To get rid of the car, we need to offer alternatives – and these alternatives need to be better, more convenient and deliver benefits for all in order to overtake the car. Public transport must be an important part of the urban transport arsenal in order to shell out cars. To dent emissions and air pollution though, these buses must be electric. The story of the Belgian electric bus manufacturer, BYD, is a compelling example of how electric public transport can go from a ‘joke’ to an urban necessity.
Passenger cars, however, are just one part of the picture. The towns and cities of today are a frenzy of supply chains and business deliveries – the majority of which use vans and lorries which are worse for the air, climate and human health. Squeezing out these vehicles requires business solutions that allow businesses to continue to meet customer expectations, without costing the earth. The rise of the cargo bike in Europe is showing how this can be done, with postal services, e-commerce platforms and food deliveries all getting on their bikes. The results have been impressive, with one study showing that electric cargo bikes deliver 60% faster than vans in urban centres, totting up higher average speeds and dropping off ten parcels an hour, compared to a van’s six. All this while cutting emissions by 90% – a real win-win.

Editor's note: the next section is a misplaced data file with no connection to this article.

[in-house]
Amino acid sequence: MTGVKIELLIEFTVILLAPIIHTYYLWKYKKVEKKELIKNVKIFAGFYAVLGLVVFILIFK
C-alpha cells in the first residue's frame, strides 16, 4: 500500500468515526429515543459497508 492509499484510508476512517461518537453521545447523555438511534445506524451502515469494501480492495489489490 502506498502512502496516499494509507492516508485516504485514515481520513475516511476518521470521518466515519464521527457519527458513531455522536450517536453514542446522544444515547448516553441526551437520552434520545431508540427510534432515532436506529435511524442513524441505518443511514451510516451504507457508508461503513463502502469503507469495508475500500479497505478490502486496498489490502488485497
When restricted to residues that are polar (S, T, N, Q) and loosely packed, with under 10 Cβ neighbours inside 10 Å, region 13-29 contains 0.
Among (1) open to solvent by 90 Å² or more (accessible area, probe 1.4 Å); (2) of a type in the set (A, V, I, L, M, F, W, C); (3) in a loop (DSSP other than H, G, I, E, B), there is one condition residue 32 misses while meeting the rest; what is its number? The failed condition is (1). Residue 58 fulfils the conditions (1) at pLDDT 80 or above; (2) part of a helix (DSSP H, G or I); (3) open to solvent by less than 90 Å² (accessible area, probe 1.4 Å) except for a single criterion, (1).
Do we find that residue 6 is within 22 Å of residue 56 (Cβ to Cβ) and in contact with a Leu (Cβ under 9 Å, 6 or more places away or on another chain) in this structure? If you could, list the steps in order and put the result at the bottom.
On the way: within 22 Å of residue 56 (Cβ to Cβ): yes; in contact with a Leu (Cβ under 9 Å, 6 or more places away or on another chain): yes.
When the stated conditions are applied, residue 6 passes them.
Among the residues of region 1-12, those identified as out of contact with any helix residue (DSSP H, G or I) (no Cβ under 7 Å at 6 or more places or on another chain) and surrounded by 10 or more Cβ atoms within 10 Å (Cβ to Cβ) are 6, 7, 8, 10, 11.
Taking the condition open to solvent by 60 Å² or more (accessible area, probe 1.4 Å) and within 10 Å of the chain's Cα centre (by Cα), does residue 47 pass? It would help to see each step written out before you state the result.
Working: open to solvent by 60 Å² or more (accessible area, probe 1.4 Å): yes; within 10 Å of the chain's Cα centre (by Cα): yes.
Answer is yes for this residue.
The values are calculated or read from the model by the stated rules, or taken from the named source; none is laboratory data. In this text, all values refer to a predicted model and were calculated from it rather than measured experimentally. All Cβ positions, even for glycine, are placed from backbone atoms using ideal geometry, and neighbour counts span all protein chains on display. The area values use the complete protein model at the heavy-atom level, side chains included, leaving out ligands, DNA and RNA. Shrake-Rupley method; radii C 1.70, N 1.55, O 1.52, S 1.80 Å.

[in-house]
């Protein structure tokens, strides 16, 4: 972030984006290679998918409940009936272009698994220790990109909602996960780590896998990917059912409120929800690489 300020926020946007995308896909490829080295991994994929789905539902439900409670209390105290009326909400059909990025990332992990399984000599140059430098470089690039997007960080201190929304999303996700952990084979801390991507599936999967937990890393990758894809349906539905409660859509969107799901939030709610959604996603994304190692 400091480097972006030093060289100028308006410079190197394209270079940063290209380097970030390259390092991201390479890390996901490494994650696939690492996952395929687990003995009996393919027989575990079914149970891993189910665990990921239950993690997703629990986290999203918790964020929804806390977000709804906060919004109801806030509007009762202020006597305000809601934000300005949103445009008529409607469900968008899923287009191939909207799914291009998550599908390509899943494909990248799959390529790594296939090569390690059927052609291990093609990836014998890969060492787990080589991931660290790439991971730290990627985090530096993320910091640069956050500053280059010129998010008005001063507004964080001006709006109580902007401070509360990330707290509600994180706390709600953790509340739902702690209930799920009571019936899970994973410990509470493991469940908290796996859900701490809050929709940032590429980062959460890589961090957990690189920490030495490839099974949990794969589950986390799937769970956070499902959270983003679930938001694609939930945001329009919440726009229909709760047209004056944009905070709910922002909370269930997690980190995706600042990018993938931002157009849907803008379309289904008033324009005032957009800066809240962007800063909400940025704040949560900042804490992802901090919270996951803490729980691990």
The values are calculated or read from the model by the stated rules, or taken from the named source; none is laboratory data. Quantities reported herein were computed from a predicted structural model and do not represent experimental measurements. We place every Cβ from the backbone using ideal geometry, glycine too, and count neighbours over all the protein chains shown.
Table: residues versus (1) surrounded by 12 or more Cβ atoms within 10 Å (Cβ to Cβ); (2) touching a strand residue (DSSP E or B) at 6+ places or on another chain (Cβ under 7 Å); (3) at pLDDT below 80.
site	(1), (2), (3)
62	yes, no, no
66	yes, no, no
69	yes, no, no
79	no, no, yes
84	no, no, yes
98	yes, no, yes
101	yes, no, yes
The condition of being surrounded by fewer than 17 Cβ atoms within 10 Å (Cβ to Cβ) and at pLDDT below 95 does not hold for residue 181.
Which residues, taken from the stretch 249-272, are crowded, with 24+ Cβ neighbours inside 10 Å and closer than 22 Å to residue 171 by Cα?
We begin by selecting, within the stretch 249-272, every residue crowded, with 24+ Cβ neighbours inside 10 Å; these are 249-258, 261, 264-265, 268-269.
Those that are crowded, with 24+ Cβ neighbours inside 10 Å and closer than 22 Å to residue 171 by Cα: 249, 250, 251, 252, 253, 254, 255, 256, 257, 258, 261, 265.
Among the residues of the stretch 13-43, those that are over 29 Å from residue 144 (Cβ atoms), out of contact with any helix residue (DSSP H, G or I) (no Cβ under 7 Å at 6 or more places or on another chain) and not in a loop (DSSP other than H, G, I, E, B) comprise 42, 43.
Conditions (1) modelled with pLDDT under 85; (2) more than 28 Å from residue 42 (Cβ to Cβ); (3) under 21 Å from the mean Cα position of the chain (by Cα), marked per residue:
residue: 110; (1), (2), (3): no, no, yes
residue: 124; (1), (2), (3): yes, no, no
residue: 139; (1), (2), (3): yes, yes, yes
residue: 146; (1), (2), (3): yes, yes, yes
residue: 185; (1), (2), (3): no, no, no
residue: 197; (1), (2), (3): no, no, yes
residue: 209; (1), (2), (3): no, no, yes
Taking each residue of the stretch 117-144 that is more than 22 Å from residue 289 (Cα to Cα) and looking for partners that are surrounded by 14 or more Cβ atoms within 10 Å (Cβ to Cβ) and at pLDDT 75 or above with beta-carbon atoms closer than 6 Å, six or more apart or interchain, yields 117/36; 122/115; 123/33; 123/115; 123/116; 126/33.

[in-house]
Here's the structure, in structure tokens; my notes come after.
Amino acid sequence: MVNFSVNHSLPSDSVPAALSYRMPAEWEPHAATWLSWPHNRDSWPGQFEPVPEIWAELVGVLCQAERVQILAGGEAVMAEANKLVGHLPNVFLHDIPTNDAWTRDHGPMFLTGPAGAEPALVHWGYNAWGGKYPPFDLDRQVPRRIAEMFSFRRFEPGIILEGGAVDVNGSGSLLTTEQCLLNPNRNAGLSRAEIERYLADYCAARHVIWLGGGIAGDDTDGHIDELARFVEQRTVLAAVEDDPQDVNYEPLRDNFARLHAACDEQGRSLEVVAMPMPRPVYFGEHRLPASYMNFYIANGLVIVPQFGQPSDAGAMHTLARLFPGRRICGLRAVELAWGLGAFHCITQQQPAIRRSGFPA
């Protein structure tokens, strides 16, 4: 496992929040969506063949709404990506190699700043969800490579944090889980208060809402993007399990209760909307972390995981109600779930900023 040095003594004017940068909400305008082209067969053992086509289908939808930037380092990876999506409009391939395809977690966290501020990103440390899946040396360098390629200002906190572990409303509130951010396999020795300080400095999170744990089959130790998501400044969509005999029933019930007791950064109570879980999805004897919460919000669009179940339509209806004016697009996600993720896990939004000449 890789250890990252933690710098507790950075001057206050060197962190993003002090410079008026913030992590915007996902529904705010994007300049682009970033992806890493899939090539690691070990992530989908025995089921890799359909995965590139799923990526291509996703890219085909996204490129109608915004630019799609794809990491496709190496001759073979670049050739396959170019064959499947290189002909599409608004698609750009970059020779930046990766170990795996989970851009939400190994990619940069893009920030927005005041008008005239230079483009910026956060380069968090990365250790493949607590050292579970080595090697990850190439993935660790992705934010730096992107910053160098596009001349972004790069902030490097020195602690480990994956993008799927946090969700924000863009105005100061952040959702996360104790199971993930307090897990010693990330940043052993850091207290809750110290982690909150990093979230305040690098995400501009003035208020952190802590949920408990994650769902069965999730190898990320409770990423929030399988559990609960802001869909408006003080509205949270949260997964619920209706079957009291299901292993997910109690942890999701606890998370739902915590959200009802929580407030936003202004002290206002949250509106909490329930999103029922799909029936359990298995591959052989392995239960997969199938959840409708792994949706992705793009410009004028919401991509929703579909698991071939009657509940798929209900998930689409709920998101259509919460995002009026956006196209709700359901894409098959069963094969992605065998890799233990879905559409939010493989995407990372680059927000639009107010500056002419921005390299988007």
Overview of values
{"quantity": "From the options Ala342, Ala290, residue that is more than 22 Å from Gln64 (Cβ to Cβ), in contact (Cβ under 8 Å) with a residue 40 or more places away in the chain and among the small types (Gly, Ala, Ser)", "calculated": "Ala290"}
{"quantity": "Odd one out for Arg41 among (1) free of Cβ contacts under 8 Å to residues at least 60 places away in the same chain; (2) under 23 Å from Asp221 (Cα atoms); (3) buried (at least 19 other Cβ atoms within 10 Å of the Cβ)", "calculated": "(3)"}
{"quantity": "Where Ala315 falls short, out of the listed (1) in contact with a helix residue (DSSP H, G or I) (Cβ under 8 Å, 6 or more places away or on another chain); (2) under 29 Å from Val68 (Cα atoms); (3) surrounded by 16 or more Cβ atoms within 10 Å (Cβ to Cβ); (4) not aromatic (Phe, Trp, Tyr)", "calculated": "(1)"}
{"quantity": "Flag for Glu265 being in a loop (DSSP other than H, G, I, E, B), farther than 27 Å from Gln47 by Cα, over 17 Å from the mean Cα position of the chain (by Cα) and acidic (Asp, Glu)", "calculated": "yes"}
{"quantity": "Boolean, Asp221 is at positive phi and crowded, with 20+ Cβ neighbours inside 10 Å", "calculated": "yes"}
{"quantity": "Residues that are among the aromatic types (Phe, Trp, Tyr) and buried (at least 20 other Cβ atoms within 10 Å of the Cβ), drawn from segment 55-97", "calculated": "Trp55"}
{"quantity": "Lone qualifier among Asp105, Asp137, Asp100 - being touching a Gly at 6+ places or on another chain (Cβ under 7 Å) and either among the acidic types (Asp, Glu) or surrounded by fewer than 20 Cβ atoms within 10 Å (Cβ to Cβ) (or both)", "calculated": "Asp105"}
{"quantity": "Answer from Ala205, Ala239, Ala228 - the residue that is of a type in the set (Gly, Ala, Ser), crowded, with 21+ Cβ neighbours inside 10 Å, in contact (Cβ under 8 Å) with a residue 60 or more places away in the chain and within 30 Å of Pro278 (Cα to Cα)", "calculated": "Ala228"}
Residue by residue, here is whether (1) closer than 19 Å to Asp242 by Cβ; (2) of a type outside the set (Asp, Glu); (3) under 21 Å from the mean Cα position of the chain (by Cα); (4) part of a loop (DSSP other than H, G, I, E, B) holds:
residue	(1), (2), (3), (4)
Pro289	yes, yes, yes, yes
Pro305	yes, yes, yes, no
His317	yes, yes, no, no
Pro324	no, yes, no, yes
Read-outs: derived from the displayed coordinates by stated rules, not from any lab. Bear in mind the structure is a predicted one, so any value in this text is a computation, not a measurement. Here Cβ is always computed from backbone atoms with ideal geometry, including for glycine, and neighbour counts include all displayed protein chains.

When communities come together, they can overcome the car. All around the world, car-free communities are on the rise. In many cases, the global pandemic and the slow down of travel have allowed communities to reimagine where they live, giving over space and opportunity to people, rather than cars.
Although the proliferation of Low Traffic Neighbourhoods (LTNs) have been pulled into political culture wars, and some have suffered from a lack of consultation, the results have been remarkable. In the UK especially, LTNs have arisen as an option due to falling car ownership, rising urbanisation and growing concerns over air pollution and climate breakdown. Such schemes have also made streets safer, with road traffic accidents halving due to low traffic initiatives introduced during the pandemic. Safer streets will allow more sustainable behaviours, such walking and cycling, to flourish as communities feel safer.